Pablo Maurette reflects on teaching, research, and recent accomplishments with his scholarship

By Sara Sanfilippo

In the summer of 2018, Florida State University Assistant Professor of English Pablo Maurette participated in a fellowship with the Harvard University Center for Italian Renaissance Studies in Florence, Italy.

Maurette's location for his fellowship fed into his research seamlessly, he says. He traveled on the weekends to Tuscany, Italy, and saw the art he was studying in person.

"It was the perfect place to work on this," he recalls. "I was based at one of the best art history collections in the world."

His time at the center led to his recent award from an online publication for Best Essay of 2020. Maurette's article, "Seeing the Tartars," focused on his research while in Italy, and Lapham's Quarterly published his work in May of 2020. The journal, according to its website, "embodies the belief that history is the root of all education, scientific, and literary as well as political and economic."

At the beginning of 2021, The Browser, a subscription website that curates a weekly newsletter of outstanding articles found online, recognized Maurette's article as one of the best essays of 2020. The reviewer referred to the piece as a "thrilling, discursive essay."

"Seeing the Tartars" is an in-depth piece that examines depictions of the Mongols in 13th- and 14th-century European literature and art. The essay includes beautiful illustrations and powerful descriptions of the artwork and the history behind the images.

Maurette remembers feeling "very honored and very surprised" when he first found out about the recognition.

One year after his fellowship in Italy, in the fall of 2019, Maurette began teaching at FSU. Before coming to Tallahassee, he taught at the University of Chicago. Maurette has instructed an array of courses, from film theory lectures to Spanish language classes. His primary teaching focus now is on Early Modern comparative literature and the Classical Tradition.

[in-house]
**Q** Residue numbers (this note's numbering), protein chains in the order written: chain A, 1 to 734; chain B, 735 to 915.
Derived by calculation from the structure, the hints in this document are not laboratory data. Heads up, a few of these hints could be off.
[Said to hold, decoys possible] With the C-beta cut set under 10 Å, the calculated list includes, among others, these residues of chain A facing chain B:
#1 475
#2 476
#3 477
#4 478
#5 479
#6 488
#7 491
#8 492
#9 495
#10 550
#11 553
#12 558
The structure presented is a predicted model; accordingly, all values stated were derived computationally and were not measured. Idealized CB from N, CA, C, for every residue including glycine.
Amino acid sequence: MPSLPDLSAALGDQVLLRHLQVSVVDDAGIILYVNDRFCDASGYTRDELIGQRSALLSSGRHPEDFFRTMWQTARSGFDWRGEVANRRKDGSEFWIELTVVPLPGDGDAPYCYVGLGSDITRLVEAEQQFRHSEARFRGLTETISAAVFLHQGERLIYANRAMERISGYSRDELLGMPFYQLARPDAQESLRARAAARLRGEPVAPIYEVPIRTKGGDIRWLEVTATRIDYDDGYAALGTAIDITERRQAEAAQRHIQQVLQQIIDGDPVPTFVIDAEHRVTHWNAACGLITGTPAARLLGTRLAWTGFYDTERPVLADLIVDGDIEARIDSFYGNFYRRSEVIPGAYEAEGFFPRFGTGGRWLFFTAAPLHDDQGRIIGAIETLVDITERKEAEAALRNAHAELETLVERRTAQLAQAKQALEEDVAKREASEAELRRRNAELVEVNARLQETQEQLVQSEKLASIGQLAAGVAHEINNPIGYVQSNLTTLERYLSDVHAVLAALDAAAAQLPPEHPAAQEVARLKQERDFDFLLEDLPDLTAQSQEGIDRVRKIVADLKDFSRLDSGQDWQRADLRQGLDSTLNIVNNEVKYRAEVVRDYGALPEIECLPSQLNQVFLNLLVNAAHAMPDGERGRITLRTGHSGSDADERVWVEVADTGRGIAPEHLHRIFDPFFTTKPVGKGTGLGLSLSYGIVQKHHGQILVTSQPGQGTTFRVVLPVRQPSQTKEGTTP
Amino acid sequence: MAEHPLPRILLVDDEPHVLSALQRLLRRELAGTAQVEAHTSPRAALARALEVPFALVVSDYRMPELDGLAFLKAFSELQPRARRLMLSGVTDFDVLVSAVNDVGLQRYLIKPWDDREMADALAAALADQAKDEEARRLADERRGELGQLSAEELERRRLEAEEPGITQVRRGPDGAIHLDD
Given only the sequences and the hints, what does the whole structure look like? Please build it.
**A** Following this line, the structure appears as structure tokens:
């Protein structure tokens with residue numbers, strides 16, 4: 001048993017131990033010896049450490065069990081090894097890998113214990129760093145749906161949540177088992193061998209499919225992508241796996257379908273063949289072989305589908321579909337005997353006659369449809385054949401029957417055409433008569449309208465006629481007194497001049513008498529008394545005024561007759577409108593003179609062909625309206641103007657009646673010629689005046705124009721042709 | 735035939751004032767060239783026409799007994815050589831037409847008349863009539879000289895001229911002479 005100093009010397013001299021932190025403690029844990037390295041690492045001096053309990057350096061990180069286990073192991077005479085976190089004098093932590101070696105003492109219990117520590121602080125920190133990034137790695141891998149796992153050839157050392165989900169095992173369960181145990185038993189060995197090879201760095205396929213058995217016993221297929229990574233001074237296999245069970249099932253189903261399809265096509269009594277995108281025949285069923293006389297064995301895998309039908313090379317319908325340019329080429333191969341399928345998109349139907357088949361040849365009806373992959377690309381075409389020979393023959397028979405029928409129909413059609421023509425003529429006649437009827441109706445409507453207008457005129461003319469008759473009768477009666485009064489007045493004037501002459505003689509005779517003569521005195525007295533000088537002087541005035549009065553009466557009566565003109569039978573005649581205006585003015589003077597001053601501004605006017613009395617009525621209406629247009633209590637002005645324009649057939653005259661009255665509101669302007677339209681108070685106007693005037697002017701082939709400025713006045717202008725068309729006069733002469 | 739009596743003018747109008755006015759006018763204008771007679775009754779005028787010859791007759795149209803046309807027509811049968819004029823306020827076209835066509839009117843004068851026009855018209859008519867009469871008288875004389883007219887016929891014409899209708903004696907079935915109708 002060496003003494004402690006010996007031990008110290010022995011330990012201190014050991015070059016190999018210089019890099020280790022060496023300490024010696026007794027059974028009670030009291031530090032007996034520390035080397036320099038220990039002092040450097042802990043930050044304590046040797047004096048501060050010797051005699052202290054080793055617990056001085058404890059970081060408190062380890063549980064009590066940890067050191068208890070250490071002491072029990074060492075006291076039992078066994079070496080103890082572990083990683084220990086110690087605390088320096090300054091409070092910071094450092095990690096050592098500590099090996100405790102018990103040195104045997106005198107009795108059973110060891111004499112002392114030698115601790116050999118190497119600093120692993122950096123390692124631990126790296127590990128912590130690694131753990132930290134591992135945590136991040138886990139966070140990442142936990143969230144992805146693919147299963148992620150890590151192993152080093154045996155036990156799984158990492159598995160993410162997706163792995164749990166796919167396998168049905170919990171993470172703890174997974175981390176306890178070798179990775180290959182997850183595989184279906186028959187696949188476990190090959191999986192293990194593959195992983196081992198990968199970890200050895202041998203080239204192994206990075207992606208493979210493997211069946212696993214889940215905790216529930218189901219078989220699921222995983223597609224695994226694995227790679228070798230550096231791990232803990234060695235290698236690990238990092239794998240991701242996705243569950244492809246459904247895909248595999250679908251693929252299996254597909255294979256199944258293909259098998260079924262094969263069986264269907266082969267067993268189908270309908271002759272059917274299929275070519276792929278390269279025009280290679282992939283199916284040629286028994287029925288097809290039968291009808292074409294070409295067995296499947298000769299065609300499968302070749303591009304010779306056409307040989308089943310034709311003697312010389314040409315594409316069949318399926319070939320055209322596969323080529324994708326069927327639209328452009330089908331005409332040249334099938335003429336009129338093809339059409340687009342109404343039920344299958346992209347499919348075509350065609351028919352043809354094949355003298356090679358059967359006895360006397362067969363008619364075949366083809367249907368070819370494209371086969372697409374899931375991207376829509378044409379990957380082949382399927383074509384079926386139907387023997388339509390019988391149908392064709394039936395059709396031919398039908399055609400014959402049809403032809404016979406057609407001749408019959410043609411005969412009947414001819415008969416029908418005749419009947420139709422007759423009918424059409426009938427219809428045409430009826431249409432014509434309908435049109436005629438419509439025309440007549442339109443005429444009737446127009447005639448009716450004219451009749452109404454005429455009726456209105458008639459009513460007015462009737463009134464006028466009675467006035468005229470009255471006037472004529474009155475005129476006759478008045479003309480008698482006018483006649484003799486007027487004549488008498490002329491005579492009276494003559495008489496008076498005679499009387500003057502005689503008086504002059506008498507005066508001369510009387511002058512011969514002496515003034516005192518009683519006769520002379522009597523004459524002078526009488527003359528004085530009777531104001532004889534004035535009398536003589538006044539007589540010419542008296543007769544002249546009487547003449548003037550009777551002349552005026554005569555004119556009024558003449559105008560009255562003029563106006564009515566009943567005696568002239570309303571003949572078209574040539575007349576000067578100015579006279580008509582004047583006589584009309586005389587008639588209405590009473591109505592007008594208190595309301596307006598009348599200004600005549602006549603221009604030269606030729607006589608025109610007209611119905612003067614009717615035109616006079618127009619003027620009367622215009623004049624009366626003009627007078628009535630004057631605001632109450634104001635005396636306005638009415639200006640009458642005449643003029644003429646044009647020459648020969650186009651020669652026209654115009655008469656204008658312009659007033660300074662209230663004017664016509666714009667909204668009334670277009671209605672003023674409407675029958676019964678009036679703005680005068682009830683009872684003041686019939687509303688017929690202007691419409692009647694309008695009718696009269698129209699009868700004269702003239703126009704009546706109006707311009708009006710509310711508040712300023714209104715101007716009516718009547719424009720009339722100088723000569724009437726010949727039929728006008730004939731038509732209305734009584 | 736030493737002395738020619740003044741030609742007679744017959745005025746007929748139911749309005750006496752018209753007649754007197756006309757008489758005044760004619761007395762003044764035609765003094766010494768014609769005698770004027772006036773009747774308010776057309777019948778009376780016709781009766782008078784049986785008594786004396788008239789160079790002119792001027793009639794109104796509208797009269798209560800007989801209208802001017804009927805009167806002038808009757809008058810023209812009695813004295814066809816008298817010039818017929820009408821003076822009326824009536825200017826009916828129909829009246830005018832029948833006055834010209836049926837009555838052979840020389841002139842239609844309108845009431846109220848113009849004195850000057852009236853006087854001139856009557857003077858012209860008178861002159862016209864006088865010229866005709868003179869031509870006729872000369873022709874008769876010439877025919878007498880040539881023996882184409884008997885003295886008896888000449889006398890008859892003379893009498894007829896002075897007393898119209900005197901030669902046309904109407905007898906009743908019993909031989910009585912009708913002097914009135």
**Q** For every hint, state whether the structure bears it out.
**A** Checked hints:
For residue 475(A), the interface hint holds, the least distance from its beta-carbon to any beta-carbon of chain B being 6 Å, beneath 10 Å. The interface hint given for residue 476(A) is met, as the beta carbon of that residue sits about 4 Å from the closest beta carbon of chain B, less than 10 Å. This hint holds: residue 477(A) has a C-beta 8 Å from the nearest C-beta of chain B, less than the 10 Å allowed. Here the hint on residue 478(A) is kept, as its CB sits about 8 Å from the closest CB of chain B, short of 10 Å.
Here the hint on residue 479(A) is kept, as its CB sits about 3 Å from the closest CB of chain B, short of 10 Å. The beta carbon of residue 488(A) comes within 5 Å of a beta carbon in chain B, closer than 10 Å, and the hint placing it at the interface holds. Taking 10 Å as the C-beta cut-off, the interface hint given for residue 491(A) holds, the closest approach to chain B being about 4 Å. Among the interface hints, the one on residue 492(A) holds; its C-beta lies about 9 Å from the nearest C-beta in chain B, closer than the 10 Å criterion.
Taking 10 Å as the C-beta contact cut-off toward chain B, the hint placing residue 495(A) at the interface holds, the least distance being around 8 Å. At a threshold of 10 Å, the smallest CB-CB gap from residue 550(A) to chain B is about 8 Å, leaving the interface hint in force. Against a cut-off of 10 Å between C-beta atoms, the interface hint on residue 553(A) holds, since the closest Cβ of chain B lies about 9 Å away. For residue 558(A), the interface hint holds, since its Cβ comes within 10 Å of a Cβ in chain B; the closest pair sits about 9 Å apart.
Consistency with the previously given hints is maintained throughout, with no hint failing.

Maurette focuses much of his research on the crossroads between literature, science, and the history of ideas between the 1400s and 1650s in England, France, Italy, Spain, and the New World. He finds that teaching is the "necessary counterpart of [his] research," and he adds that his students, class discussion, and creating new syllabuses for his course help to inspire his research.

Landis Grenville, an FSU doctoral student in creative writing-poetry, took Maurette's Issues in Literary and Cultural Studies class in the fall of 2020.

"He built a beautiful class that braided scholarly and creative texts and posed questions about authorship, aesthetic, and authorial voice," she says.

Greenville describes Maurette's classroom environment as one where she "felt free to be uncertain, to question and to express what I did not understand, so that we, as a class, could wrestle with the texts to better interpret their meanings and applications."

Maurette's time as a professor at FSU has been untraditional because of the COVID-19 pandemic. Still, the English department has welcomed his arrival with open arms and encouragement.

"Both my colleagues and my students have been extremely supportive and enthusiastic, making the transition [to Florida State University] run smoothly," he says.

English Assistant Professor John Ribó was one of the faculty members involved in the hiring process for Maurette. Maurette, an esteemed scholar in the United States and his native country of Argentina, was first invited to the department to present his research on the monstrous.

"He impressed our faculty and students," Ribó recalls, "and we were lucky to be able to hire him."

Ribó says that his colleague brings "a dynamic energy and cosmopolitan approach to literature as a living phenomenon relevant to everyone throughout the world," making him an excellent addition to the department.

Maurette is also on three dissertation committees at the moment, and he looks forward to working with the graduate on their upcoming projects.

Along with "Seeing the Tartars," Maurette has published several works, including books, articles, and presentations. The University of Chicago Press published his 2018 book, The Forgotten Sense: Meditations on Touch. This book is a collection of essays that complemented his dissertation at the time. The Forgotten Sense explores the sensation of touch and its role in numerous literary and philosophical works from the Western tradition.

His recently published novel, La Migración, is written in Spanish and tells the story of three friends trying to solve the mysterious disappearance of their other friend who went missing twenty-five years before. Currently, he is in the early stages of writing a second novel. He is also hard at work on a second monograph focusing on monstrosity in early modernity in the Americas and Europe.

Maurette's research is already proven to be award-winning, and he has made a meaningful impact on his students and colleagues at FSU. His research focus may be on events and artifacts from centuries ago, but Ribó says "his scholarship speaks powerfully to the present by revealing how the past lives on in our world today."

Click here to read Maurette’s award-winning article "Seeing the Tartars."

Sara Sanfilippo is an English major, on the editing, writing, and media track, with a minor in retail operations.

Follow the English department on Instagram @fsuenglish; on Facebook; and Twitter, @fsu_englishdept